Capt. Smith speaks to Rotary

Capt. (Rep.) James Smith spoke to the Columbia Rotary Club about his experiences in Afghanistan. Some highlights:

  • Before the speech, the club recognized my colleague Chuck Crumbo for the job he did reporting, in country, on the exploits of the 218th Brigade. Chuck accepted the well-deserved honor with typical modesty.
  • Capt. Smith told the story again of how he, at age 37, bucked the system by insisting that he be allowed to quit the JAG Corps and join the infantry — after being inspired by a visit to Ground Zero in NYC. The system bucked back, and in fact finally told him that he would have to resign his commission and start over as an enlisted man in basic training, keeping up with the 18-year-olds. Obviously, they expected him to say, "Never Mind." But he accepted the challenge, went through basic, worked his way back up to captain, and ended up leading a team that fought the Taliban alongside Afghan national police forces. (The poor-quality video below, from my phone, is the part when he was telling the story of going to Basic again.)
  • Yes, he did say the phrase, "If I run for governor." Interestingly, the subject was brought up by arch-Republican Rusty DePass. Rusty’s son served with Capt. Smith in Afghanistan, and he has warned his Dad that if the captain runs, he’s going to support him.
  • Also in the audience was Joe Wilson, and this provided another example of how military service bridges partisan gaps. (It’s a pet theory of mine that the partisan bitterness of this generation results from politics now being dominated by the post-draft — and especially post WWII — generation, and they lack that shared experience to teach them that we’re all Americans first, not Democrats or Republicans.) Anyway, Rep. Smith made a point of mentioning that Joe was his C.O. back in his JAG days.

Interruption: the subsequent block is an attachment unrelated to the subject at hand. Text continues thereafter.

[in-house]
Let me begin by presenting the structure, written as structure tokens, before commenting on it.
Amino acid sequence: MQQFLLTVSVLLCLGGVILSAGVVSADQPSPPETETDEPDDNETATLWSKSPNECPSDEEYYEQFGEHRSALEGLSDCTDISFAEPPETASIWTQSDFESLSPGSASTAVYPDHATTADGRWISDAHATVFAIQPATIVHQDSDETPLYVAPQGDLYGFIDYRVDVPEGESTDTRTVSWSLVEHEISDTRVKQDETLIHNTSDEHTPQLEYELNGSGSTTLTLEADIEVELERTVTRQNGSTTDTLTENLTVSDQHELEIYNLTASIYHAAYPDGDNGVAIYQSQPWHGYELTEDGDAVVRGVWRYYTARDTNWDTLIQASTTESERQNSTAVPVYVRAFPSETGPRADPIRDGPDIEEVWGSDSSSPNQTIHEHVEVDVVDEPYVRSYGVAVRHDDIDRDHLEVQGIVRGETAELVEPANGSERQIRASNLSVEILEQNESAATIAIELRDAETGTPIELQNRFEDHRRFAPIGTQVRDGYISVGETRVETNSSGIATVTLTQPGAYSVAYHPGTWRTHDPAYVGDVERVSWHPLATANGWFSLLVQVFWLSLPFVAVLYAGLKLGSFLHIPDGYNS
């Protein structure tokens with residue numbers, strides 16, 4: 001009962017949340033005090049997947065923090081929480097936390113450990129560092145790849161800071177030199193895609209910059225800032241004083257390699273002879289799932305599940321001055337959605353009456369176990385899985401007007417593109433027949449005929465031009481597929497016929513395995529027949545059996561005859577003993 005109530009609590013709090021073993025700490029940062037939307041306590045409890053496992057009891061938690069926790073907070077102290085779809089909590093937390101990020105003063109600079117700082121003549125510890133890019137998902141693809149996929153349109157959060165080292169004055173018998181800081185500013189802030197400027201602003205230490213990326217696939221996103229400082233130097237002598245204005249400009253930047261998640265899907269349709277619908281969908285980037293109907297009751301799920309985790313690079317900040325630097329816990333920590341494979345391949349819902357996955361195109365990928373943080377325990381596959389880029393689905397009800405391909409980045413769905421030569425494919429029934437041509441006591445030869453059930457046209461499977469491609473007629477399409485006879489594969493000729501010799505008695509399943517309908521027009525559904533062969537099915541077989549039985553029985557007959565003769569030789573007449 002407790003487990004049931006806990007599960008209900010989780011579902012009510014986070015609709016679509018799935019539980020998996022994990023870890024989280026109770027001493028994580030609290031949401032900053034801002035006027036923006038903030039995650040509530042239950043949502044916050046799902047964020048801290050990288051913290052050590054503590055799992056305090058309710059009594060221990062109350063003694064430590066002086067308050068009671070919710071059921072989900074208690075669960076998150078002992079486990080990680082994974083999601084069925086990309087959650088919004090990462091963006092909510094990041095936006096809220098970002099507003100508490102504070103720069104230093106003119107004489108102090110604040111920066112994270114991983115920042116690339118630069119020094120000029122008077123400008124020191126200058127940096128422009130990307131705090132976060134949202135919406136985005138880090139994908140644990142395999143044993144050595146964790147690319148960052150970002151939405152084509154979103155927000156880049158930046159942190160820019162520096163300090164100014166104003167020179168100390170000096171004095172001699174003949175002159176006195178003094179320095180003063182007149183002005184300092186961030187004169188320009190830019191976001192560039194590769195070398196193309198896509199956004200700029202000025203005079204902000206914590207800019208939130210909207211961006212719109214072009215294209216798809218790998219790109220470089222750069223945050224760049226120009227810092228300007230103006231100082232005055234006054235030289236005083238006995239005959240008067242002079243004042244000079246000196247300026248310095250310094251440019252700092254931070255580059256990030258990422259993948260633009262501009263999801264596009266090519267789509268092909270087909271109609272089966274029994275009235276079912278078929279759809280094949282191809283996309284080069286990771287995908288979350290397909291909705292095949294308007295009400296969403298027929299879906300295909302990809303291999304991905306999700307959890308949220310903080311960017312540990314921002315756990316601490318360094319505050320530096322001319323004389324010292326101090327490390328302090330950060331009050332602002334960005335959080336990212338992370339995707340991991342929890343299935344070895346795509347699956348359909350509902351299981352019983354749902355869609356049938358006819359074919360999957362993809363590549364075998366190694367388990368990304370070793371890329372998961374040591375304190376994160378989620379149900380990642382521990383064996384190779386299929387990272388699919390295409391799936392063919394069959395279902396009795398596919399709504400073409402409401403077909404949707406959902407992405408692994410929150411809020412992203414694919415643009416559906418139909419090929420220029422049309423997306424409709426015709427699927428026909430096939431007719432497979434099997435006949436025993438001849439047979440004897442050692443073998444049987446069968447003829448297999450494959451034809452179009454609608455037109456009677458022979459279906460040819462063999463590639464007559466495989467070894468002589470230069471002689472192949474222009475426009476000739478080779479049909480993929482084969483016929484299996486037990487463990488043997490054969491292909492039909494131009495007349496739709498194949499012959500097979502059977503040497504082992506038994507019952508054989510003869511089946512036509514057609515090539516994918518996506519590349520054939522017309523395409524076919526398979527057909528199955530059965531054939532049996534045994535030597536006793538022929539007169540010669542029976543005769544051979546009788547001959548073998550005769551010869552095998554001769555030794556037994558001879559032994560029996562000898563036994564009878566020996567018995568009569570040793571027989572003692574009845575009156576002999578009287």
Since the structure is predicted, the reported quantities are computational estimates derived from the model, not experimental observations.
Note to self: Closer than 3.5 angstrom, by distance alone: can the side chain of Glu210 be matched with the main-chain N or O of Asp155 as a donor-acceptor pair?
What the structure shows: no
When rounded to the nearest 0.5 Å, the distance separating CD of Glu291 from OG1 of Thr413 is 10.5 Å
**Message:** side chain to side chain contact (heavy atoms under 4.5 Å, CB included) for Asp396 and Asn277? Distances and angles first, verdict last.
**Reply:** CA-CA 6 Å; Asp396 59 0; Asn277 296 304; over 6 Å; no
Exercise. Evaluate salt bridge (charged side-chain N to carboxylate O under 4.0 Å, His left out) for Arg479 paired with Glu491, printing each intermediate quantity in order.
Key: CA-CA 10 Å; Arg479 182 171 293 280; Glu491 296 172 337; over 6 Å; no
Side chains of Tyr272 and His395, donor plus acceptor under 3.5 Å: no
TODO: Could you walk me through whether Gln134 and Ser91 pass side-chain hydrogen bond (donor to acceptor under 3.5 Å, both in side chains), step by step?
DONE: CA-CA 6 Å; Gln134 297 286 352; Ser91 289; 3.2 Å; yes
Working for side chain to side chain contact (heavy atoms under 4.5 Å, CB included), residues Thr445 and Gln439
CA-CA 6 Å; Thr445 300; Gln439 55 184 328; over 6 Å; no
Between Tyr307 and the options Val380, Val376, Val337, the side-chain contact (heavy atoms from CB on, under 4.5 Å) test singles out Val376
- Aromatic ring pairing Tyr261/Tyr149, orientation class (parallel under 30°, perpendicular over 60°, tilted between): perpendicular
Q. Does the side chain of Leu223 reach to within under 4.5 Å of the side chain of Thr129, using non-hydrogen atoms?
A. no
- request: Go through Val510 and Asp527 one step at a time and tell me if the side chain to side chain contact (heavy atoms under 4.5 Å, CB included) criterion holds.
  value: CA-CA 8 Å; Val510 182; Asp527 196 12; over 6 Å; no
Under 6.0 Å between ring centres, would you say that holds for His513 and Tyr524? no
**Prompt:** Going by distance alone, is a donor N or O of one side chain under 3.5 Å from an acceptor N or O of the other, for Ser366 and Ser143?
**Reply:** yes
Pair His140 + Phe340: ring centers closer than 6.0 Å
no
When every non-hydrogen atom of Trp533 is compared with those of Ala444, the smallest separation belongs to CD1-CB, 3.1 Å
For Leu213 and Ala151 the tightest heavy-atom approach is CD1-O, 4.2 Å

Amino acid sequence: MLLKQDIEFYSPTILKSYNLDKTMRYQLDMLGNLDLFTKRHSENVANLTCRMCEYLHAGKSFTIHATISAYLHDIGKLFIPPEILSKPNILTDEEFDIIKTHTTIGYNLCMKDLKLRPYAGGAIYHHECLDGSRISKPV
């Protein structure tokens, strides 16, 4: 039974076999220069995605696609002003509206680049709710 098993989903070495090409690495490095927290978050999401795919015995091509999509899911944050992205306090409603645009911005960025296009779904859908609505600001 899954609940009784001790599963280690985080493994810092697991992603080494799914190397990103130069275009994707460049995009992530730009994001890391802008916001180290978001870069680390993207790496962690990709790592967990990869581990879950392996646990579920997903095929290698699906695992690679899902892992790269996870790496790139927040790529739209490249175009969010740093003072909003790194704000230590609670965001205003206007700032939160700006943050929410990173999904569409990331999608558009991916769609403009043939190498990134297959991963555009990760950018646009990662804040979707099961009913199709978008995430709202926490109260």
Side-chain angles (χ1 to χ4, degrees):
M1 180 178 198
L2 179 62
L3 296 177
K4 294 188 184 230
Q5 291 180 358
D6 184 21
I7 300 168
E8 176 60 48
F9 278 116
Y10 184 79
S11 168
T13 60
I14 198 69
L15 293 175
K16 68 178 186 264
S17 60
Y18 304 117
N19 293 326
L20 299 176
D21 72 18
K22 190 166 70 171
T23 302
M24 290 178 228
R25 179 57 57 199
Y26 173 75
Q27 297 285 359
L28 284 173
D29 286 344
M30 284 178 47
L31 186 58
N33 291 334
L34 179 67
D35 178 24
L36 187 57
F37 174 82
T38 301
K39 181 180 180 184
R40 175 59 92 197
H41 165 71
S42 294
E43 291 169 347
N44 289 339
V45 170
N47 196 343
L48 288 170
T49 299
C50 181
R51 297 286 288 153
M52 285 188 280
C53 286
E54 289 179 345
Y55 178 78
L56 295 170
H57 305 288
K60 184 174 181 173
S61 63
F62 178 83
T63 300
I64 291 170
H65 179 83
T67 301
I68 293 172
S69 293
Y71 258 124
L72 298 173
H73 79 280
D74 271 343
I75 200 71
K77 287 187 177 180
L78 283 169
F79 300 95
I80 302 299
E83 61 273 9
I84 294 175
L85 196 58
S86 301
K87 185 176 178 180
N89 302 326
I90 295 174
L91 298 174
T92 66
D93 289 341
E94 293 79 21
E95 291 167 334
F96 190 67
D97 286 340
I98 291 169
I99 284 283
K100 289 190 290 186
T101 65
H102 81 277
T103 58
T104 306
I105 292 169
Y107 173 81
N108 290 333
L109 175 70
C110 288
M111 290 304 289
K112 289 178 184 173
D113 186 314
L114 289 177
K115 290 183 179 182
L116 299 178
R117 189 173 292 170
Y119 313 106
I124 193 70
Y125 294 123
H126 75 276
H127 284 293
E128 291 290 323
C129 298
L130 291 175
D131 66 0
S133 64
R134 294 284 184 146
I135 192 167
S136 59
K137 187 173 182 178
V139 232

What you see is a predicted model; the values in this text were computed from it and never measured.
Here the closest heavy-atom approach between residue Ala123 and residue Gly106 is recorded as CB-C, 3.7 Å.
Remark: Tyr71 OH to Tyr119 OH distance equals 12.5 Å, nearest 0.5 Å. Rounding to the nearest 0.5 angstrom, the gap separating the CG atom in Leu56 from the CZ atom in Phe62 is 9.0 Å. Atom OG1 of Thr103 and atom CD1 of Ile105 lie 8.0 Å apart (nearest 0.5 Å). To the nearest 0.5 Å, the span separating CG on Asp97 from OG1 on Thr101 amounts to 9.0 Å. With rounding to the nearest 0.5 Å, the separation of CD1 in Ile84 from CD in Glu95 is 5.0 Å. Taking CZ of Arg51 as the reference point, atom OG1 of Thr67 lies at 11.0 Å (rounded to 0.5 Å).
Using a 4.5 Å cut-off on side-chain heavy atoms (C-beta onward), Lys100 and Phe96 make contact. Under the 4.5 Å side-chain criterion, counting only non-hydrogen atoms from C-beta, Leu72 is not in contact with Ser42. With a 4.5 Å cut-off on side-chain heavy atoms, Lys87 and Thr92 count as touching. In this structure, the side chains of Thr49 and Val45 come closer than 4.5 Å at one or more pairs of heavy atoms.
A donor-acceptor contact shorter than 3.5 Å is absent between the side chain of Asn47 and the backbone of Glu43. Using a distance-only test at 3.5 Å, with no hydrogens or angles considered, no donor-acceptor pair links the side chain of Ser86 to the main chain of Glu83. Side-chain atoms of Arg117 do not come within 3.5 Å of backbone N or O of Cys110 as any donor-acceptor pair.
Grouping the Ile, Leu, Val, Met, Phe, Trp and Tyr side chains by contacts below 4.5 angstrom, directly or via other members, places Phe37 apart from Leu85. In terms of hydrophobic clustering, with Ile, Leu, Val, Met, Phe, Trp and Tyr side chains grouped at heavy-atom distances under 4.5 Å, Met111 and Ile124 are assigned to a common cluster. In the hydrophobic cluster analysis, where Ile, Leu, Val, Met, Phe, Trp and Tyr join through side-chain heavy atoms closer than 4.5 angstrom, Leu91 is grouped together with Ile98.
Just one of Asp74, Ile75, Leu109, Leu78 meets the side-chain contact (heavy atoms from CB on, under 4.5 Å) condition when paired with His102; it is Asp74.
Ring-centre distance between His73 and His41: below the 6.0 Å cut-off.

• As in his e-mailed reports you read on this blog, James exhibited his characteristic optimism about the future of Afghanistan, based on his experience with the children of the country. Whenever they’d roll into a village, he’d send his second-in-command to talk to the village elder, then go question a 10- or 11-year-old himself. The elder, trying to walk a tightrope between the Coalition and the Taliban, would blow smoke, such as "We last saw about a dozen Taliban a couple of weeks ago." The kid would give the straight intel, along the lines of "There were two dozen, and they rolled out of here the moment they saw you coming, just minutes ago."

It was a compelling presentation (particularly the part about how his team tracked down a Taliban leader who had been terrorizing the region), and I wish I’d had the resources at hand to have gotten the whole thing on video — good-quality video. Sorry about the lousy quality of this below…


5 thoughts on “Capt. Smith speaks to Rotary

  1. Mike Cakora

    Good for James Smith — I can’t imagine resigning a commission and starting over, especially at 37 — and I hope his optimism for Afghanistan bodes well for that place. With Musharraf’s resignation the whole area may turn even more volatile, and that would stink, bug time.
    BTW, do you think the MushMan can walk away with the keys to the nukes? You know, leave the office, turn the lights out, but keep the keys in his pocket as he heads out to wherever he’s going?